Lead by example
Ultimately it is not about what one says, but how one lives that matters. Even during Jesus’ day there were leaders both in political and religious realm who would say one thing and do another. The Pharisees and Sadducees were the religious leaders of the day. Their role was to bring people closer to God and be in relationship with Him; however, they knowingly kept people away from God by burdening them with man-made rules and regulations. At every possible opportunity, they would show themselves to be better than everyone else. They would stand on the street corners and say long-winding prayers to be seen and heard by others (Mt 6:5, 7). They would announce their offerings to the temple treasury by blowing a trumpet and would intentionally disfigure their faces so people know that they’ve been fasting (Mt 6:2, 16).
Jesus, who looked beyond their external show of piety and saw the attitudes of their heart, had some stern words for them. He called them hypocrites (Matthew 6:2, 5, 16; 15:7; 22:18; 23:13, 15, 23, 25, 27, 29; Mark 7:6; Luke 12:56; 13:15) and whitewashed tombs (Mathew 23:27) and that is what they truly were—clean on the outside, but rotten on the inside. Even the political leaders of that day such as Pilate and Herod would seek to wriggle their way out of facing and admitting the Truth about Jesus. Jesus would urge people back then and even us today not to be like them. To Jesus, their words and works on the outside had to emanate from a humble, cleansed and purified heart before God. The character of the inner man mattered to Jesus. The truth is that only an impeccable and blameless character brings about pure motives of the heart and wholesome words of the mouth. Attaining such a renewed nature in and of ourselves is impossible. One has to depend on God and pursue it wholeheartedly.
So, we need to constantly ask the question as to how God-fearing leaders ought to conduct themselves. A further question is how one can identify authentic leaders who please God and are favourable to people.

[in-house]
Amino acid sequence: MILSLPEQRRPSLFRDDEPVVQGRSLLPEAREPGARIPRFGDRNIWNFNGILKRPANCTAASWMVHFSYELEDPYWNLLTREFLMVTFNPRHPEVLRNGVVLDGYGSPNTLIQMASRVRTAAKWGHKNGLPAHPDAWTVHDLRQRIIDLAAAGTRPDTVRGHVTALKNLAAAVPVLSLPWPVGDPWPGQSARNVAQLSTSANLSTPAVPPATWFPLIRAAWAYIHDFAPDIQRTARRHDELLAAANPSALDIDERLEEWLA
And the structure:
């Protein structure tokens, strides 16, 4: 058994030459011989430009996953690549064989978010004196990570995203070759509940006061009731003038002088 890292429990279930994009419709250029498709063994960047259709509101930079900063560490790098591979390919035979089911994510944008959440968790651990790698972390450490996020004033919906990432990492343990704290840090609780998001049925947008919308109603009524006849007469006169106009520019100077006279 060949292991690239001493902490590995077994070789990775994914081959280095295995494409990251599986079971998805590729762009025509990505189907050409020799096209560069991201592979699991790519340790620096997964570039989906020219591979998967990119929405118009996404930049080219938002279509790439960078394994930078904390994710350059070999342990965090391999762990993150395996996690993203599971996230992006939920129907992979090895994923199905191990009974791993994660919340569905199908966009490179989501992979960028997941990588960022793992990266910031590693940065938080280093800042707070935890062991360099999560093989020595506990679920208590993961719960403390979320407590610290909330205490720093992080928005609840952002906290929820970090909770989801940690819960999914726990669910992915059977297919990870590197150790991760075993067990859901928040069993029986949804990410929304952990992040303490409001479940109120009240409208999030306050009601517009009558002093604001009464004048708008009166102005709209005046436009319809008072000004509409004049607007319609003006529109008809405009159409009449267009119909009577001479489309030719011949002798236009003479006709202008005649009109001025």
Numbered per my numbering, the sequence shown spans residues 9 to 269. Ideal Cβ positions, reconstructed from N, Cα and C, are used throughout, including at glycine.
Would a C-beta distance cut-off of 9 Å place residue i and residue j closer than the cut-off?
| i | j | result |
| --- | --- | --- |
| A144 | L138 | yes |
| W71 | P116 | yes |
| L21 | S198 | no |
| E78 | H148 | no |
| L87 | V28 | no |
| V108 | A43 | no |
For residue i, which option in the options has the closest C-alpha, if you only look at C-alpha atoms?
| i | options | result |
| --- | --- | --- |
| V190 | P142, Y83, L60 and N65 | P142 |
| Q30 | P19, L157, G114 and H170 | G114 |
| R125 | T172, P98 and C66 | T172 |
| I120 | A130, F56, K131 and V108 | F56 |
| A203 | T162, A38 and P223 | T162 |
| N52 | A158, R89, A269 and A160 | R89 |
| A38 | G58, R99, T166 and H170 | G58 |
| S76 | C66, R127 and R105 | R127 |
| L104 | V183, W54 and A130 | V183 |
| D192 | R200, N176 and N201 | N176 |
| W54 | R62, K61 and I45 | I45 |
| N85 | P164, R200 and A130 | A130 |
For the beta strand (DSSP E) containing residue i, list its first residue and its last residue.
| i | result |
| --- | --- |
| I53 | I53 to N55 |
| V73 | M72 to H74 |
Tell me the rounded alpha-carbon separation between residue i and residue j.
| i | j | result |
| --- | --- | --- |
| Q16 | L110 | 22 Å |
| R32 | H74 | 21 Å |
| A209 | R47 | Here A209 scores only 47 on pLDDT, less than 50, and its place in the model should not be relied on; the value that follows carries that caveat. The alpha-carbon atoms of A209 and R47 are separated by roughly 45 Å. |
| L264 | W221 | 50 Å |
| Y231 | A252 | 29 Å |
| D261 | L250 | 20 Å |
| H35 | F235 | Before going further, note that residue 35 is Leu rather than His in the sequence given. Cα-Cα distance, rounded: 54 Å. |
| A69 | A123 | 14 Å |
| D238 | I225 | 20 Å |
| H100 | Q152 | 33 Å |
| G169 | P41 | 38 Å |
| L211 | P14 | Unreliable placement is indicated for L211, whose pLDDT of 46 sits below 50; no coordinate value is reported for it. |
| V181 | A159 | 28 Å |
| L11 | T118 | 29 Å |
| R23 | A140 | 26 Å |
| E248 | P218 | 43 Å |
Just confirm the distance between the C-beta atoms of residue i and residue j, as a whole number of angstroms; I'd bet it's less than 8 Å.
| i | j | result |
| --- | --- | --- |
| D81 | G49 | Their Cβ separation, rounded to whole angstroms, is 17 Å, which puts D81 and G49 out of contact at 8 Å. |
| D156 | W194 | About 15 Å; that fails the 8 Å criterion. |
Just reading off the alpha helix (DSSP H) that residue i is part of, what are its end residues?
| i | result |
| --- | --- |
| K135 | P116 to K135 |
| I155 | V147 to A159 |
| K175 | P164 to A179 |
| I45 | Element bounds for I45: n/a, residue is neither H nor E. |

The one who fears God would be vary of sinning against Him and would wilfully choose to follow his commands. A reverent fear acknowledges that God is supreme and in control over all things. Such a deep-seated fear and awe of God brings wisdom (Ps 111:10) and enables the right conduct in one’s life.
Leaders should always be mindful that they are ultimately accountable to God and would be standing before Him one day.
Leaders should always be mindful that they are ultimately accountable to God and would be standing before Him one day, giving an account for their words and actions. Nothing they do is hidden from His sight. So one should always walk circumspectly in light of that impending divine judgement.
Demonstrate authentic servanthood
True servanthood is rooted in humility prompting one to stoop down and serve others, rather than desiring to be served. This pattern exemplified by Jesus when he washed his disciple’s feet (Jn 13:1–17), shows us that an authentic leader always seeks the true welfare of his followers.
If you are a leader, subjugate yourself to the Almighty God. When you walk rightly before God, you will never need to bow down before men. Let the war of words become a flood of love.